Column like I see 'em - Canadian politics needs to cut off the fringe


By Eoin Devereux

Neepawa Banner & Press

Even at the best of times, the Canadian political process can be a little stupid. It just got a whole lot stupider recently, as the Wexit movement has officially become a federal political party. On Friday, Jan. 10, Elections Canada announced that Wexit Canada, as it will officially be known, is registered as a political party for future federal elections.

If you’re curious about how Wexit received this prestigious status, let me walk you through the complexities. To receive federal recognition, you’re required to submit the names, addresses and signatures of 250 electors, who are members of the party and support the party’s application for registration. But don’t worry, though that may sound as though it’s super easy and barely even an inconvenience, there is more to it…You also need to provide a logo and the purpose of the party. It doesn’t matter what they look like, as long as you have them.

For those of you blissfully out of the loop on this, the “purpose” of Wexit is for a portion of the prairies to declare independence from Canada and secede from the British Commonwealth. They wish to essentially end this nation as we know it. Elections Canada looked at this plan and not only approved it, but granted them tax and election expense benefits for their troubles. Are you seeing the stupid yet?

Cut the fringe

How the hell did we get to this point, where any group with a name, an agenda and a Facebook page could realistically be standing at a debate podium next to Justin, Jagmeet and whatever Ken doll the Conservatives serve up as their new leader? And I’m not just targeting Wexit Canada here, though they are the tipping point for me. The legitimacy of the Bloc Québécois is pretty suspect in my mind as well.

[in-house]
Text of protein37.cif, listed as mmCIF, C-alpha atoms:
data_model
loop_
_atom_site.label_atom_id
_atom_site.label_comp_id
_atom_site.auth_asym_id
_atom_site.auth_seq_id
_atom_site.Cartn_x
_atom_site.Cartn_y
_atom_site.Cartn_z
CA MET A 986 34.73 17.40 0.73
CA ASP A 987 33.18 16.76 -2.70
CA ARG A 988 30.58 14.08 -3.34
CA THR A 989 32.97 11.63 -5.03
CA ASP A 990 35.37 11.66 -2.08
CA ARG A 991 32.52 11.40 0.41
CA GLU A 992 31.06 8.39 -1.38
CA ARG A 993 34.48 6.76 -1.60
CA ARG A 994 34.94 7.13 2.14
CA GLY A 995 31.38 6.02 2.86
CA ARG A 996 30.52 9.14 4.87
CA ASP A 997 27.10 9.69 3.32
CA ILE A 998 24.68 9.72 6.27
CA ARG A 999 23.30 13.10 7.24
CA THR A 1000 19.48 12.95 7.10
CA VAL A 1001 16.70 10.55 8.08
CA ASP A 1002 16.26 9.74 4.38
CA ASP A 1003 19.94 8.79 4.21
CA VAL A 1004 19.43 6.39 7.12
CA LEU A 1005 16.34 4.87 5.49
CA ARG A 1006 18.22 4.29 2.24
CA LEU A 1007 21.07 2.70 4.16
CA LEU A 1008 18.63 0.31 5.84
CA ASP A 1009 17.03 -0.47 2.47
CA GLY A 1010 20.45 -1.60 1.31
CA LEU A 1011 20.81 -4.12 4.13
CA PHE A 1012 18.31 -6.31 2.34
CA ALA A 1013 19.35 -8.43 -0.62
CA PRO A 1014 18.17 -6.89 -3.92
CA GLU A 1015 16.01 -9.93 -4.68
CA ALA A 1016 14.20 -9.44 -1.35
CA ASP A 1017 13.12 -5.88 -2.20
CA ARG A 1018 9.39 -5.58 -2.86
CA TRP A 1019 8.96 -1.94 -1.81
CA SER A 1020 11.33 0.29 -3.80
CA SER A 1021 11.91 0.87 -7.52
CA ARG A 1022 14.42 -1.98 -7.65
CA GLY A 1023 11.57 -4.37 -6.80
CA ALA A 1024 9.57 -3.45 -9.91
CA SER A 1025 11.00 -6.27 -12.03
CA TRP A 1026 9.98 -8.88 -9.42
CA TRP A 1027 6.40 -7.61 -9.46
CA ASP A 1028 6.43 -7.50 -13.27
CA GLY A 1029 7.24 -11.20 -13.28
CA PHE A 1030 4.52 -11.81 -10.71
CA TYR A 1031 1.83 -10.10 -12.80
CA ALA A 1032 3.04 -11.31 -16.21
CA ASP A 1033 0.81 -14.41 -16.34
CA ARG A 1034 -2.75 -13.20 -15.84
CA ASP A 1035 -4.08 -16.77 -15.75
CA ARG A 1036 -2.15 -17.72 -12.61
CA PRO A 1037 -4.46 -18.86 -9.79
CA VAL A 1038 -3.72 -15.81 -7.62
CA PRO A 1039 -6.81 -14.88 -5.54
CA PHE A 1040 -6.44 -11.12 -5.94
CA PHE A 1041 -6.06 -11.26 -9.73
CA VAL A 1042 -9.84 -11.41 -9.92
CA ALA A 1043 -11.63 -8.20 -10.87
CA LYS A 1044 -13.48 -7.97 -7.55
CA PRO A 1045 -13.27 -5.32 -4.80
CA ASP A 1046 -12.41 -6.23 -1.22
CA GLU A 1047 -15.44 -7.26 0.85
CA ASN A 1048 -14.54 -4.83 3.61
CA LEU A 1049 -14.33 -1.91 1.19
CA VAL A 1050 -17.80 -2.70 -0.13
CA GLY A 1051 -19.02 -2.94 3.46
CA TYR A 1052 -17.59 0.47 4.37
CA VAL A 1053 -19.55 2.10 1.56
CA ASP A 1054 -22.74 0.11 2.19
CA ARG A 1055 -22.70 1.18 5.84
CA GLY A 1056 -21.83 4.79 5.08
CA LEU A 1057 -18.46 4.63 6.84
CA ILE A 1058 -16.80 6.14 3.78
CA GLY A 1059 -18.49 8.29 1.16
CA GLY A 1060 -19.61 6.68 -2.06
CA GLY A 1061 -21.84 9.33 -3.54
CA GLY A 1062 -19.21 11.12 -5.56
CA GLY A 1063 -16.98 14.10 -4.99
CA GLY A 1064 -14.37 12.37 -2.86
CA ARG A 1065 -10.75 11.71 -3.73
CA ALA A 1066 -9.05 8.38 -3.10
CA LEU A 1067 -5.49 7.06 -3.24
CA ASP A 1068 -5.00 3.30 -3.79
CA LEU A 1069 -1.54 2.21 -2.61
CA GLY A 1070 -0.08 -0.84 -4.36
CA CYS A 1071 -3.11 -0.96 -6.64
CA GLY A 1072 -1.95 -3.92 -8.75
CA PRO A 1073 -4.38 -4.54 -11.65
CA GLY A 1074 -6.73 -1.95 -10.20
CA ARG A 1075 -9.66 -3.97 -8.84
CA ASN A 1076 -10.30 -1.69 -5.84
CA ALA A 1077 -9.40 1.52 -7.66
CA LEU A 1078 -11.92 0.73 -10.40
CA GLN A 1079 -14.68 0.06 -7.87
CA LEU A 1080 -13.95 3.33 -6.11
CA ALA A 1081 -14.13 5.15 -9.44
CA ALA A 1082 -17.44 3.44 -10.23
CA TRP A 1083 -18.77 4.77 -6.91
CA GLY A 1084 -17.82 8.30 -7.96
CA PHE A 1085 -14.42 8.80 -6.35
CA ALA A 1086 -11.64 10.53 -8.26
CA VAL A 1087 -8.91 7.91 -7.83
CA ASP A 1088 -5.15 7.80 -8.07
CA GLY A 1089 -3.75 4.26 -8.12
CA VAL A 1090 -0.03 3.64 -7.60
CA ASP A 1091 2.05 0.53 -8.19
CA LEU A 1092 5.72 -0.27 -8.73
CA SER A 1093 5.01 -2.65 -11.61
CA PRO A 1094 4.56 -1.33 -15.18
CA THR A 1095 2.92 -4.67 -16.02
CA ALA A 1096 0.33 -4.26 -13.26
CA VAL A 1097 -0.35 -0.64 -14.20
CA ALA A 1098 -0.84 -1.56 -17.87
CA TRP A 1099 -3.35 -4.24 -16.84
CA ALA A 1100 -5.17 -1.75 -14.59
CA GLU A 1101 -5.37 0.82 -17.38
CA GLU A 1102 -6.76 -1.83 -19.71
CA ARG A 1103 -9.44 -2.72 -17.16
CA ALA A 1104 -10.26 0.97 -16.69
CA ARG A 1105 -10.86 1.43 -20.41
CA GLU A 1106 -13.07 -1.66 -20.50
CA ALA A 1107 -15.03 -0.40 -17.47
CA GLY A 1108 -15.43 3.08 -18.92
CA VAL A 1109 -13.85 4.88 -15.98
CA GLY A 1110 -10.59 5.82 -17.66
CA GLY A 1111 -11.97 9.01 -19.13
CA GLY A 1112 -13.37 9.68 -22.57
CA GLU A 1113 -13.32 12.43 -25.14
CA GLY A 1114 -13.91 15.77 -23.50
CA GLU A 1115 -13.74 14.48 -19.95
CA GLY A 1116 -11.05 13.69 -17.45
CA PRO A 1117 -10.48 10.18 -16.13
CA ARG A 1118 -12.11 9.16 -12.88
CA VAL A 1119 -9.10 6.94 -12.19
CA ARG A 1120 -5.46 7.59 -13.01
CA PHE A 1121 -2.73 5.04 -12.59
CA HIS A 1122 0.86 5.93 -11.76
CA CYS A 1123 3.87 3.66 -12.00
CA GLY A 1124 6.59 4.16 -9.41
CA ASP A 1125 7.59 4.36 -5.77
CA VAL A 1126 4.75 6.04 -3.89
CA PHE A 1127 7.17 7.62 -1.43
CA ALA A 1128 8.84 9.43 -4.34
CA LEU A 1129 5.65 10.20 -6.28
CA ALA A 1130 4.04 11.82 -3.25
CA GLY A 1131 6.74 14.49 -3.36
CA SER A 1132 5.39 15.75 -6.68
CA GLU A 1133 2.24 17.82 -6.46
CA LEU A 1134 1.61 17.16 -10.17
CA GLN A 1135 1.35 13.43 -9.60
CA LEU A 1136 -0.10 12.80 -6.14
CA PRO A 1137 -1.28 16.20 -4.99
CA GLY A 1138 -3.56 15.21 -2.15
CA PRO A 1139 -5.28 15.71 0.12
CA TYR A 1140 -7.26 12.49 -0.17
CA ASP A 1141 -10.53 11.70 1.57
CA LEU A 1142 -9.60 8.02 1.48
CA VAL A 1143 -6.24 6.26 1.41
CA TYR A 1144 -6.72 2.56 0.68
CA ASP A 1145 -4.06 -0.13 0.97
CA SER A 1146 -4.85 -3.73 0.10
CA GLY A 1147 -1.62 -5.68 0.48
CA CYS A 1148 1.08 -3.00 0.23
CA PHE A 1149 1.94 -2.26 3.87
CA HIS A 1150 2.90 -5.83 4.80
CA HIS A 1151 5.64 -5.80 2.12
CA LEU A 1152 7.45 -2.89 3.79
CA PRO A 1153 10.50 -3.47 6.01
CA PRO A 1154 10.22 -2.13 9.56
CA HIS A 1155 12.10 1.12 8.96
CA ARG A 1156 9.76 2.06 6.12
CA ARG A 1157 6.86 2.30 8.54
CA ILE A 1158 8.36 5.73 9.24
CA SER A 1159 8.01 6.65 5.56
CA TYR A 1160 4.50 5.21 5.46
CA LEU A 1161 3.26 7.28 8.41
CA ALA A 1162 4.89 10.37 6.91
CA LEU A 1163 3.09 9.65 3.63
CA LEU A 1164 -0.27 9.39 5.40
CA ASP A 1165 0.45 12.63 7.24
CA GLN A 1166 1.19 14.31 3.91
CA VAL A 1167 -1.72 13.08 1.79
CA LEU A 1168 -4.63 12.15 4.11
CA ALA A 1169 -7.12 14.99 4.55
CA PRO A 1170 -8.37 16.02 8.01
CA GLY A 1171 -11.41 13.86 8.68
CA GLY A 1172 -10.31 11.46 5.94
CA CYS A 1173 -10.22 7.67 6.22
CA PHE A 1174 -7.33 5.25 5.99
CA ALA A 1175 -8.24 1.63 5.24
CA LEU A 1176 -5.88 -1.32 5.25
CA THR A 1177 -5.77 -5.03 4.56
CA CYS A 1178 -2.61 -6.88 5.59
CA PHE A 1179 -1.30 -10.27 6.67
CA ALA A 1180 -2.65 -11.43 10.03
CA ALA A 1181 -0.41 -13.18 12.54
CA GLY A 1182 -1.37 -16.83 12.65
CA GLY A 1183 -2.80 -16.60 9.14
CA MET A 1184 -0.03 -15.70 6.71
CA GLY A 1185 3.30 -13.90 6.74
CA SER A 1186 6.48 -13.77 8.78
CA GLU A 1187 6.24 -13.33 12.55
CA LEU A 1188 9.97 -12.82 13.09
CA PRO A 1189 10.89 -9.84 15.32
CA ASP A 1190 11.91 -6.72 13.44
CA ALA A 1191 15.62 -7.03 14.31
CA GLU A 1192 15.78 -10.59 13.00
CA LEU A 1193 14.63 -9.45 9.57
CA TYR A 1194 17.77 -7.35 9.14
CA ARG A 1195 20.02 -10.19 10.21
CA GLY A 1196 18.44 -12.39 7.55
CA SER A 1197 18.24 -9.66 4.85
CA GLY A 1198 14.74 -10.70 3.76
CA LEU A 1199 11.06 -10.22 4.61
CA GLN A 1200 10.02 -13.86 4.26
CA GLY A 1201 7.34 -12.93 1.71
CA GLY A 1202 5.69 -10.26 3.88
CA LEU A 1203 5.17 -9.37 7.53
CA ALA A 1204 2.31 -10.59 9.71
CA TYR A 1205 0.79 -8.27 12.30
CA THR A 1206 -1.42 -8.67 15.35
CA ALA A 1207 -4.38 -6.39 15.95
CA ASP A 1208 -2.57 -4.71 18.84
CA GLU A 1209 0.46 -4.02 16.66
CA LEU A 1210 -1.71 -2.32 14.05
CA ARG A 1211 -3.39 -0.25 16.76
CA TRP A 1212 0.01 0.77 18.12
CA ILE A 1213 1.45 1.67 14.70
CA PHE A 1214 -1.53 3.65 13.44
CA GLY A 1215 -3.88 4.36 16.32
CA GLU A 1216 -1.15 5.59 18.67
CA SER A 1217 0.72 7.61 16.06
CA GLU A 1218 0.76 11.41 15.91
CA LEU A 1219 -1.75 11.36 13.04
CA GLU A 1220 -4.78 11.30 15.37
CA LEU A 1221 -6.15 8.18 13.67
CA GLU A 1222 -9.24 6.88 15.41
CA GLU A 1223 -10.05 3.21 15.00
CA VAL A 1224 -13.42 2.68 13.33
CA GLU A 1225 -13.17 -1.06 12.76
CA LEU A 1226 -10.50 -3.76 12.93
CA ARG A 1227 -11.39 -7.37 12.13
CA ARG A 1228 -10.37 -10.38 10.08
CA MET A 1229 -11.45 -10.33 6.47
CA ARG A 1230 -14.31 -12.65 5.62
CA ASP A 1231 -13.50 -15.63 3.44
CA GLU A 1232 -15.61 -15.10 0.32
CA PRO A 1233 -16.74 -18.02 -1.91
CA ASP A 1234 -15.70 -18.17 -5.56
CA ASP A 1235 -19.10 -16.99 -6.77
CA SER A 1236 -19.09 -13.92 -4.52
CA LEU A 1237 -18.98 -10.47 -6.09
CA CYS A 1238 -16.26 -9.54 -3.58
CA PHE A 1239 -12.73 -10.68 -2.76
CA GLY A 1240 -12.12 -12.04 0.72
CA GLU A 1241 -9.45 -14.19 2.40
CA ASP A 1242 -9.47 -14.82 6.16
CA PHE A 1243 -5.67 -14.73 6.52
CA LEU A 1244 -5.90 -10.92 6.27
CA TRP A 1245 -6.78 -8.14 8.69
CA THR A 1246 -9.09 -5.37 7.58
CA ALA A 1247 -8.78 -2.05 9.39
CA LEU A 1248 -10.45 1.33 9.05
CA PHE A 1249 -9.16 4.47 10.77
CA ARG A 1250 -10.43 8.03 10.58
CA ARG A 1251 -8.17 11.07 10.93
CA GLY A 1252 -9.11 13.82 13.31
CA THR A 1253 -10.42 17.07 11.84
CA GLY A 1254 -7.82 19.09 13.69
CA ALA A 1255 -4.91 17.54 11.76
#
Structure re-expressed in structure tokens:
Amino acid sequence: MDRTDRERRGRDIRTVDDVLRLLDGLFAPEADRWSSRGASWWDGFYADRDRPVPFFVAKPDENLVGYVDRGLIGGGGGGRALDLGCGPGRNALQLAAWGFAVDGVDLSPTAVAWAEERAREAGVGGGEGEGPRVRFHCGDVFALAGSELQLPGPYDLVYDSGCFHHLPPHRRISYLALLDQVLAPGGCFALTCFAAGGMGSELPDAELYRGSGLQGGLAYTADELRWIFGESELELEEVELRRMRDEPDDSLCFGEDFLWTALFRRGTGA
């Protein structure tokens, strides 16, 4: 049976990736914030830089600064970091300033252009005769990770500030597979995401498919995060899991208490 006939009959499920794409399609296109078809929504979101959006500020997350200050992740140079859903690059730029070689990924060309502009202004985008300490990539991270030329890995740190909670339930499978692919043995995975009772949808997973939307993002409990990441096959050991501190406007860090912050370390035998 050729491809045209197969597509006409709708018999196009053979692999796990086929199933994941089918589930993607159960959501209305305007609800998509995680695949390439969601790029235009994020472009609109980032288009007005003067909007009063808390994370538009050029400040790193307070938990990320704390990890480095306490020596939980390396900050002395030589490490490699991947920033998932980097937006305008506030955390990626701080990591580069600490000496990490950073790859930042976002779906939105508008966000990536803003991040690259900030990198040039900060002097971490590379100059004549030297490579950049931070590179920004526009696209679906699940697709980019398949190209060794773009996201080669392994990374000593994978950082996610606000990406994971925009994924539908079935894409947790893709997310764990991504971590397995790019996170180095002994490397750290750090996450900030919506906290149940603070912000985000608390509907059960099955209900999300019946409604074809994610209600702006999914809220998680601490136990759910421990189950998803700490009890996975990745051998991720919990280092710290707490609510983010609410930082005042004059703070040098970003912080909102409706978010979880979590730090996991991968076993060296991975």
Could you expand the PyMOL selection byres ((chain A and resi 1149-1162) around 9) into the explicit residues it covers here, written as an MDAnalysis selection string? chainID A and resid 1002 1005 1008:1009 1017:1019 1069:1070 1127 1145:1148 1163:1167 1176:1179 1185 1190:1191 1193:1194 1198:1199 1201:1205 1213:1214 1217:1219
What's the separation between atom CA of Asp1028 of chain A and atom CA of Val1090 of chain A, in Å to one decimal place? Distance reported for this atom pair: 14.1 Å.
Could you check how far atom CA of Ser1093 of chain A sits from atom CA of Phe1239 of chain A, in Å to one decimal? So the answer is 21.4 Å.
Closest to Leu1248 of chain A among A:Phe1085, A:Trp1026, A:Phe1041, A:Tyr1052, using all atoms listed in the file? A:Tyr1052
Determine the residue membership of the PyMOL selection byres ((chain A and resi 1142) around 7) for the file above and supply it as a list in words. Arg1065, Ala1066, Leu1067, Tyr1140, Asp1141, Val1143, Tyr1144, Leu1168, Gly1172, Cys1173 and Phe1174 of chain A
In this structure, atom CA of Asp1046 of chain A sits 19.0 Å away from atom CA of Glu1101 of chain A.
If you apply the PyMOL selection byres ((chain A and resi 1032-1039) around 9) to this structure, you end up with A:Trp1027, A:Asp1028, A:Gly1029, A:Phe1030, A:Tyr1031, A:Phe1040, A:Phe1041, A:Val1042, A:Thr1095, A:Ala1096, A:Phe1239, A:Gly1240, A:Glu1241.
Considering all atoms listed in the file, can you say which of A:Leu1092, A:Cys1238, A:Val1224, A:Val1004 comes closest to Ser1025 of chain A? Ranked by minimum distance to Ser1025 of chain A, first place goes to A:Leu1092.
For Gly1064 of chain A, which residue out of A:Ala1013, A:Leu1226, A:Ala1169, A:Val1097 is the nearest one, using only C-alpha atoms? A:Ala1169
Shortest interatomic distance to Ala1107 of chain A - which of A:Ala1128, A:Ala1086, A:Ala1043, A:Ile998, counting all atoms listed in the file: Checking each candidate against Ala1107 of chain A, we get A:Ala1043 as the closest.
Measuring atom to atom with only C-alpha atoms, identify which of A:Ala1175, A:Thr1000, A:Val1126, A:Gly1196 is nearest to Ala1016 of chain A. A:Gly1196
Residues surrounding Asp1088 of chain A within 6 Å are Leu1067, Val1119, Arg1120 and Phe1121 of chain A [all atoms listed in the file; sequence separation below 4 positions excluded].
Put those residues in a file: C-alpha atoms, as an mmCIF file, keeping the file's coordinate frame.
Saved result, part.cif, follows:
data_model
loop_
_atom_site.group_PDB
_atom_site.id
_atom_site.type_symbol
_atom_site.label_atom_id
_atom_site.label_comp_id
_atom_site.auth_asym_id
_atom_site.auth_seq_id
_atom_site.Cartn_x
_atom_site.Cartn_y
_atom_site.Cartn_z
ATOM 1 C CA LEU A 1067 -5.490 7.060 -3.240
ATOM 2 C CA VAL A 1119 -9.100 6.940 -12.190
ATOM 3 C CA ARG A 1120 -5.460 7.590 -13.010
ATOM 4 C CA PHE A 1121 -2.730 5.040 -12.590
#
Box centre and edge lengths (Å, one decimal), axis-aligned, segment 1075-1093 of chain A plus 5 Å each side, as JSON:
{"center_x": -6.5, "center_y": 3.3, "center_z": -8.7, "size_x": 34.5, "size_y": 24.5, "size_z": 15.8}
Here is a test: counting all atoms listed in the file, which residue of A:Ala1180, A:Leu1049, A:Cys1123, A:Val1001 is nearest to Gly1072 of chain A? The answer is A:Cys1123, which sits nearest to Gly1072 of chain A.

Why are the Bloc, who, un parti qui se bat pour le meilleur intérêt du Québec et du Québec à Ottawa, getting consistently invited to the English debate?! They fielded just 78 candidates in the last election, that’s a measly 23 per cent of the total available seats. Who were their candidates in Moose Jaw and Flin Flon!?

Where is your plus one?

In a statement made after the confirmation of federal status, Wexit Canada leader Peter Downing said the plan is to nominate 104 candidates to federal ridings in four provinces — Alberta, British Columbia, Saskatchewan and Manitoba. That equates to just 31 per cent of the country’s ridings. Sure, that’s better than the Bloc Québécois, but that’s still not good enough.

Here’s how we clean up the field and eliminate some of these turbocharged tribalism fringe parties we’re dealing with. Every political party must run a candidate in at least 170 ridings. That’s 50 per cent of the seats in Canadian parliament, plus one. Problem solved! Let’s see how the Bloc’s ideas play in Prince Albert. Let’s find out how Wexit does in Trois-Rivières.  It’s time to stop letting the regional fringe parties breathe in all the political air, because it’s suffocating the national conversation.

Disclaimer: Column like I see ‘em is a monthy opinion column for the Neepawa Banner & Press. The views expressed in the article are the writer’s personal views and are not to be taken as being the view of the Neepawa Banner & Press.